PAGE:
- To address the concerns, the draft Rules will be amended such that parties will be required to disclose all known adverse documents in their possession or control. Known adverse documents include documents which a party ought reasonably to know are adverse to his or her case, that the party could have knowledge about through reasonable checks and searches.
Private or internal correspondence
- The CJC had recommended that a party’s private or internal correspondence shall not be discoverable except in a special case and with permission of the court. However, respondents expressed some concerns about losing access to private documents which are adverse to a party’s case, that could reveal the true state of affairs.
- The draft Rules will therefore empower the court to order the production of private or internal correspondence in a special case, or if such correspondence are known adverse documents.
- A number of respondents expressed concerns regarding the proposal for parties to agree and appoint a single joint expert. In general, respondents felt that the current rules pertaining to the adducing of expert evidence are sufficiently robust, and that the proposal may increase costs and satellite litigation.
- We have carefully reviewed the feedback, and have refined the proposal such that parties are encouraged to agree on a single expert, as far as possible. We expect that a single joint expert will suffice in the majority of straightforward cases.
Calculation of Time
- Respondents raised concerns with the proposal to include non-court days (i.e. Saturdays, Sundays, or public holidays) in the calculation of time for a period that is seven days or more, and noted that this may result in operational challenges.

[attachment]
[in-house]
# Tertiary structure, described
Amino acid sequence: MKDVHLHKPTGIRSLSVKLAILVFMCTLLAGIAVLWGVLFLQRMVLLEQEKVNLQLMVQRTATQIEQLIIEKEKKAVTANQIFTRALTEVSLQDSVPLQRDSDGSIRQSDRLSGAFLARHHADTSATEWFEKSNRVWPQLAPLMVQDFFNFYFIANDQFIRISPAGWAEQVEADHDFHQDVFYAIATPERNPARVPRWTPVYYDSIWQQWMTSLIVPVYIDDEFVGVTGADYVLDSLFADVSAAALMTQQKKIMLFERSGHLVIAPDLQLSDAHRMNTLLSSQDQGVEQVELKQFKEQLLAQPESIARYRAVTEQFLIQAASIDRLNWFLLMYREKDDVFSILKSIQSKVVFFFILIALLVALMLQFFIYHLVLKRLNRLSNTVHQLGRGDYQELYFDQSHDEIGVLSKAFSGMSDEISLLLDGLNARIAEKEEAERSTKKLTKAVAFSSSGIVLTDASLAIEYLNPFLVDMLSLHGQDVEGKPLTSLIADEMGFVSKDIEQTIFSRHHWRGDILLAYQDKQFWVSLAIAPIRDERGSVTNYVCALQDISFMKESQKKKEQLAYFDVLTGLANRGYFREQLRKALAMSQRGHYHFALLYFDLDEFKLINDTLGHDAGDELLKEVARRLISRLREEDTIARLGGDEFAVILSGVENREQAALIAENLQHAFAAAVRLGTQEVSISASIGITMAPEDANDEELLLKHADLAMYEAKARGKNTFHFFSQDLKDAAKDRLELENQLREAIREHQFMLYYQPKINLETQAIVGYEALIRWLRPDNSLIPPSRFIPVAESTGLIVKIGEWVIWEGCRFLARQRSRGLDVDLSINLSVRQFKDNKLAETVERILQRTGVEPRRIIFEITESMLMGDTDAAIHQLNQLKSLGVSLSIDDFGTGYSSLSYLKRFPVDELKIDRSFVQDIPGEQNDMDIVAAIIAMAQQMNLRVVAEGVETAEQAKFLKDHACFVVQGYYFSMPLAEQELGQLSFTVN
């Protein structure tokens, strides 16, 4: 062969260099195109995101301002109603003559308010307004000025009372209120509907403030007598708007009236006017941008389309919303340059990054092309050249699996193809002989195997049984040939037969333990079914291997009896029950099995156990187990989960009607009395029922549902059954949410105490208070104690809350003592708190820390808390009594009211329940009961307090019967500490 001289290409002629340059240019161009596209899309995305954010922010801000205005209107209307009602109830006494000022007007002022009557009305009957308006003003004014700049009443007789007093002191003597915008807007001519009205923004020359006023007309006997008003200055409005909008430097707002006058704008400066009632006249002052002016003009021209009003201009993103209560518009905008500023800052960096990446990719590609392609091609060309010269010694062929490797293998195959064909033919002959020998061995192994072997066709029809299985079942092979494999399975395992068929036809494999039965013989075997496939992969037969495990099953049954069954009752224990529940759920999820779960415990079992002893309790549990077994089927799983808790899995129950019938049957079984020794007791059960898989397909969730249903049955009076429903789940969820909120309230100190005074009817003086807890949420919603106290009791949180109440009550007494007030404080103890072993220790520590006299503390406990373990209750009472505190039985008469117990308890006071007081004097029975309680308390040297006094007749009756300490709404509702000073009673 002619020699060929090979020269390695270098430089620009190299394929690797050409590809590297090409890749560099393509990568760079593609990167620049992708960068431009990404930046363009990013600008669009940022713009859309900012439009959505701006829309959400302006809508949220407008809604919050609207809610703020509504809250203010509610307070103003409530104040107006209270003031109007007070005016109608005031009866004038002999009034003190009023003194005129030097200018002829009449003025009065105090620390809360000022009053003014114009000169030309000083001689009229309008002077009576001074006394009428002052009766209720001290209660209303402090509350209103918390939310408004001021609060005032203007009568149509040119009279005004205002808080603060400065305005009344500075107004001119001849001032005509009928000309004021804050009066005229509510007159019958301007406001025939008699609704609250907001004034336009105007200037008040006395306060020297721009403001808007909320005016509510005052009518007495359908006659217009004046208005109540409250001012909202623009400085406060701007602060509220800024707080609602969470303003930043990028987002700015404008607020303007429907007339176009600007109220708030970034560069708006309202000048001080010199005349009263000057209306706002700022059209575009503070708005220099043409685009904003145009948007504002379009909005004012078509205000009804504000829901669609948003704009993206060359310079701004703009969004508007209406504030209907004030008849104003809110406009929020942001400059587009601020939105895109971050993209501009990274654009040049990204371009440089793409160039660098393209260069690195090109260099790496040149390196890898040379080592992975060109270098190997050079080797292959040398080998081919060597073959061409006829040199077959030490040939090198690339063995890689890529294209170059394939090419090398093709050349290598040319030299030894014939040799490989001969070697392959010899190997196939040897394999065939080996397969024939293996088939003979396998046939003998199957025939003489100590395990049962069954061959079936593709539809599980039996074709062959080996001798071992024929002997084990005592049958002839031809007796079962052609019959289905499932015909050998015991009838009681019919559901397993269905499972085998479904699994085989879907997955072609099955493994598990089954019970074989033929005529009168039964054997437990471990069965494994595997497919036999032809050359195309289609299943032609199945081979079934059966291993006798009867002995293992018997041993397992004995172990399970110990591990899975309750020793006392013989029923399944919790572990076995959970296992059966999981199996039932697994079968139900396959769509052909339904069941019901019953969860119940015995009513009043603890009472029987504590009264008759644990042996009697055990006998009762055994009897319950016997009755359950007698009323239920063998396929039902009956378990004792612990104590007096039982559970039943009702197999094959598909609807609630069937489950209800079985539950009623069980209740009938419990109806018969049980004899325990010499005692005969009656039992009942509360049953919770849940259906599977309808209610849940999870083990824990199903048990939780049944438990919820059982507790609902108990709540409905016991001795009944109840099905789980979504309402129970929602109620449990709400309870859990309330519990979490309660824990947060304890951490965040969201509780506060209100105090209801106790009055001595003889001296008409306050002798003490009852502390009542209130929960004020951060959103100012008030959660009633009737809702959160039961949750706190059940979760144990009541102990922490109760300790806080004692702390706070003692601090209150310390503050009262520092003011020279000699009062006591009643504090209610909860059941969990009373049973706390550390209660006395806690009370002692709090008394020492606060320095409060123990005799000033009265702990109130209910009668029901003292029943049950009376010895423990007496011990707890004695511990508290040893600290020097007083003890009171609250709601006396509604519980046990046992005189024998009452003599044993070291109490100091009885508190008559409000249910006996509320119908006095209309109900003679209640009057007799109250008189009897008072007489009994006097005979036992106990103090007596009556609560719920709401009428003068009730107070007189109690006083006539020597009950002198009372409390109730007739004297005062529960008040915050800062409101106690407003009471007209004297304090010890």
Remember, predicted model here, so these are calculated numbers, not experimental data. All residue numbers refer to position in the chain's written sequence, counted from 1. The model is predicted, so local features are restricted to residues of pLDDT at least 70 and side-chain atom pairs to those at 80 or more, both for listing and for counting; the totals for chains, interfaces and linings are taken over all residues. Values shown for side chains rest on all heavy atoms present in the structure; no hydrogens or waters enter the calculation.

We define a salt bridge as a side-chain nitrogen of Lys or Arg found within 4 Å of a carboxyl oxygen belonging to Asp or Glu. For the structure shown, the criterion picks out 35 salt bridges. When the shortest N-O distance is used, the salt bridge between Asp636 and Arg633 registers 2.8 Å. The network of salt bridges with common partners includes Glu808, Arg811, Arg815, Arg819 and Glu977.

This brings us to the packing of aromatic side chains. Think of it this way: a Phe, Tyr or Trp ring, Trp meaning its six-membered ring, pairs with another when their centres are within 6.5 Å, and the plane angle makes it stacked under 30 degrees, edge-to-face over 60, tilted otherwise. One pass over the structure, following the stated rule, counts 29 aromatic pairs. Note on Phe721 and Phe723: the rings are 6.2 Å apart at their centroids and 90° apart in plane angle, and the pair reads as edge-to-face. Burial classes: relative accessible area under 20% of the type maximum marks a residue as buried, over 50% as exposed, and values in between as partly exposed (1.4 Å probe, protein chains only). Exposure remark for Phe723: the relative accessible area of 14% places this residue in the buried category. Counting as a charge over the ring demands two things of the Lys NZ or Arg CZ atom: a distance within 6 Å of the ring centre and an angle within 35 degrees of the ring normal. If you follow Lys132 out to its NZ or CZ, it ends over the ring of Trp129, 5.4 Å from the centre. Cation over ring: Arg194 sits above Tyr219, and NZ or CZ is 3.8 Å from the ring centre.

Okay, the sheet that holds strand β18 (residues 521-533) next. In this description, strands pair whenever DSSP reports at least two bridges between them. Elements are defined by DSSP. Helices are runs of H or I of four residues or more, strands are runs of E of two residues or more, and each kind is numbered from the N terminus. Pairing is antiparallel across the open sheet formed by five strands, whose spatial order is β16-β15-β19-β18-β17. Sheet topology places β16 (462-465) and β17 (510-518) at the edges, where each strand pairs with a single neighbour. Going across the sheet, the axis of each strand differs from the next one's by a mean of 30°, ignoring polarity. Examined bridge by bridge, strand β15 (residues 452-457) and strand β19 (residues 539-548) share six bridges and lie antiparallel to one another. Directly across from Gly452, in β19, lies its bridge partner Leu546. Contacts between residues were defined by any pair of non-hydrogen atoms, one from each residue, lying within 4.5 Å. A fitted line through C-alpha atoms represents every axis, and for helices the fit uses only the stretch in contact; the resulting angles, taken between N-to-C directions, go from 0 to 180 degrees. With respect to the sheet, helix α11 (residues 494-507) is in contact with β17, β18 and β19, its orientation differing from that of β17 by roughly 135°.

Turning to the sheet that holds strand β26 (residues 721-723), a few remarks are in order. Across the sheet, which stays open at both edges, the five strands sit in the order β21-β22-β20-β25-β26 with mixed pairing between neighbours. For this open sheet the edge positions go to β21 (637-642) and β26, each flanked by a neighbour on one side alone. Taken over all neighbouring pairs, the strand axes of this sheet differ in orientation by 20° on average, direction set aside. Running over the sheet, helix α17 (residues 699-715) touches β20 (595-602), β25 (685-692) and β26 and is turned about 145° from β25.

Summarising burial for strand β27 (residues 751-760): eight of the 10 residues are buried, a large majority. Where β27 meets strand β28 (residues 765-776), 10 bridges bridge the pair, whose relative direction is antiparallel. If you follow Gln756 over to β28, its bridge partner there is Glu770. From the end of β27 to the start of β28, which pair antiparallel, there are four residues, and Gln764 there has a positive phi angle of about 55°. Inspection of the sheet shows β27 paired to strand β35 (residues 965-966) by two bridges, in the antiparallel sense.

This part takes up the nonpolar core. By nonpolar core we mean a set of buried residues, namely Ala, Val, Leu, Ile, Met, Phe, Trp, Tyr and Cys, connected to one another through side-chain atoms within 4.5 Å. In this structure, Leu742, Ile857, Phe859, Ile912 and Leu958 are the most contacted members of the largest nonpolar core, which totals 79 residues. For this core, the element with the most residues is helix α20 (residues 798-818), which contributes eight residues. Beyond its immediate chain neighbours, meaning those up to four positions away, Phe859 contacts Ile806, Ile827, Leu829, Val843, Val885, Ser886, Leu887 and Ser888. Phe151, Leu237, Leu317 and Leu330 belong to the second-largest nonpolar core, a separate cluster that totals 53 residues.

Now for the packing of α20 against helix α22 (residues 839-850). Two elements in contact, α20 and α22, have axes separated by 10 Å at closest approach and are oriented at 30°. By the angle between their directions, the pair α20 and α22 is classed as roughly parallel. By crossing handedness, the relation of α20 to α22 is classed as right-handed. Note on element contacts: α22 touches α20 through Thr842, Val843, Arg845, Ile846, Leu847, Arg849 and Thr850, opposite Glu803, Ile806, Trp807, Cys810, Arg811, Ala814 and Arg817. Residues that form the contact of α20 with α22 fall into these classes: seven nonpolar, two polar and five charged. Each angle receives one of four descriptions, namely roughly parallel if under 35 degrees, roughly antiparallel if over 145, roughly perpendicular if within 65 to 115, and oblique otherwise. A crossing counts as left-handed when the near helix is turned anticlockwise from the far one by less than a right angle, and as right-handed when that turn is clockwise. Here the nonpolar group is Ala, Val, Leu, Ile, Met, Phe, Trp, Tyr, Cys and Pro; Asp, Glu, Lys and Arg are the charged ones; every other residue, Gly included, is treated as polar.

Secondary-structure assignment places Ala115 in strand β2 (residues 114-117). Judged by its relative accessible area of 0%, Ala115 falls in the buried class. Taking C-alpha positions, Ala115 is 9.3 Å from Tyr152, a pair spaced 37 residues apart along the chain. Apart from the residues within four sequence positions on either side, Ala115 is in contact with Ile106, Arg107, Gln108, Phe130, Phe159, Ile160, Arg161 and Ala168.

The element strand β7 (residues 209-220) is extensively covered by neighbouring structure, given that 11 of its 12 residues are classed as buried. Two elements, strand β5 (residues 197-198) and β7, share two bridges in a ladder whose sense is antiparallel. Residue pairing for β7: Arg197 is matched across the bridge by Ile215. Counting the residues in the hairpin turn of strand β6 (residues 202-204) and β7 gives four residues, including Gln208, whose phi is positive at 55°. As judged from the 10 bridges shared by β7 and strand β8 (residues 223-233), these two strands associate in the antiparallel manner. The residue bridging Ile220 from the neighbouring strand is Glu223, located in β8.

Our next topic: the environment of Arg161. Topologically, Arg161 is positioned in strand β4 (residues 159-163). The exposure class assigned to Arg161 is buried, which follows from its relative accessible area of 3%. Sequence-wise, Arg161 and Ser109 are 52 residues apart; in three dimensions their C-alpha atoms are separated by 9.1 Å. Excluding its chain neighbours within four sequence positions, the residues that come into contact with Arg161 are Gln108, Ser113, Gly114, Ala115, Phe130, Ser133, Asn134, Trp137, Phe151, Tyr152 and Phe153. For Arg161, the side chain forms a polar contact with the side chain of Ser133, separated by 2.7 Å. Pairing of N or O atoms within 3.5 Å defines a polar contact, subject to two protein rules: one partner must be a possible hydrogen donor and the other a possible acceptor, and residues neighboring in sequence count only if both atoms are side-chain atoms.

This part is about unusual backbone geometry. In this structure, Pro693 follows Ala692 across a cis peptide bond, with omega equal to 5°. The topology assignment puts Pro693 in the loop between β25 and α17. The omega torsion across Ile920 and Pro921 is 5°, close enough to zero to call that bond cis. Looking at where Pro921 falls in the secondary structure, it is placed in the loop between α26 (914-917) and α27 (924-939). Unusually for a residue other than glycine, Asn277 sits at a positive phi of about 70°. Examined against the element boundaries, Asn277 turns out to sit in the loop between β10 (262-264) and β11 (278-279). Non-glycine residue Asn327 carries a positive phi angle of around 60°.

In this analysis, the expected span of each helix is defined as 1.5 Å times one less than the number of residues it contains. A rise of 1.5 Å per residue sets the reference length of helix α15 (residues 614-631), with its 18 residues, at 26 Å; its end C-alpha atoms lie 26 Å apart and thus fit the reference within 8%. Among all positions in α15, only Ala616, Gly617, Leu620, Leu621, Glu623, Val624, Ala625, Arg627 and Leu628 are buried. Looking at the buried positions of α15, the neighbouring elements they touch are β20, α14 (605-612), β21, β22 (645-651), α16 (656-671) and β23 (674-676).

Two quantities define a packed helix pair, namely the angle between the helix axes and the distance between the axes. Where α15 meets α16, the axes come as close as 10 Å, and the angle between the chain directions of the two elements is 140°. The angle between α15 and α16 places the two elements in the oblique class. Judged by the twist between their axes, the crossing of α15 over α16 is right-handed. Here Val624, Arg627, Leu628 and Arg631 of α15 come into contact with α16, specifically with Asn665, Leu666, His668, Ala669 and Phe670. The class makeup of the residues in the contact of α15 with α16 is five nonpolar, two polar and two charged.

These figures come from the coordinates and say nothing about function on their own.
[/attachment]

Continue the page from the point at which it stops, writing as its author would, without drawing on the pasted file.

- To address this, all seven-day time periods stipulated in the draft Rules will be increased to 14-day periods.
- Respondents provided detailed feedback on the proposal to introduce a quantum-based scale fixing recoverable party-and-party (“P&P”) costs for liquidated and quantifiable claims.
- We have studied the feedback carefully and will hold this proposal in abeyance for the time being. We will continue to work closely with the Bar on this matter.
- Please refer to Annex A for a summary of the Civil Justice Reform proposals and the adjustments to be made. The full response to the feedback received can be accessed at (http://www.go.gov.sg/civil-justice-reforms-response).
MINISTRY OF LAW
11 June 2021
1. The New Rules of Court Implementation Team is chaired by Supreme Court Judge, Justice Ang Cheng Hock, and comprises representatives from the Supreme Court and the State Courts.↩
2. The CJC and CJRC were set up by the Chief Justice and MinLaw respectively to come up with proposals to reform and modernise Singapore’s civil justice system. The CJRC’s key recommendations cover reforms to pre-trial procedure, trial and appeals procedure and post-trial procedure, while the CJC was tasked with the mandate to transform the litigation process by modernising it and enhancing efficiency and speed of adjudication while maintaining costs at reasonable levels.↩
Last updated on 11 June 2021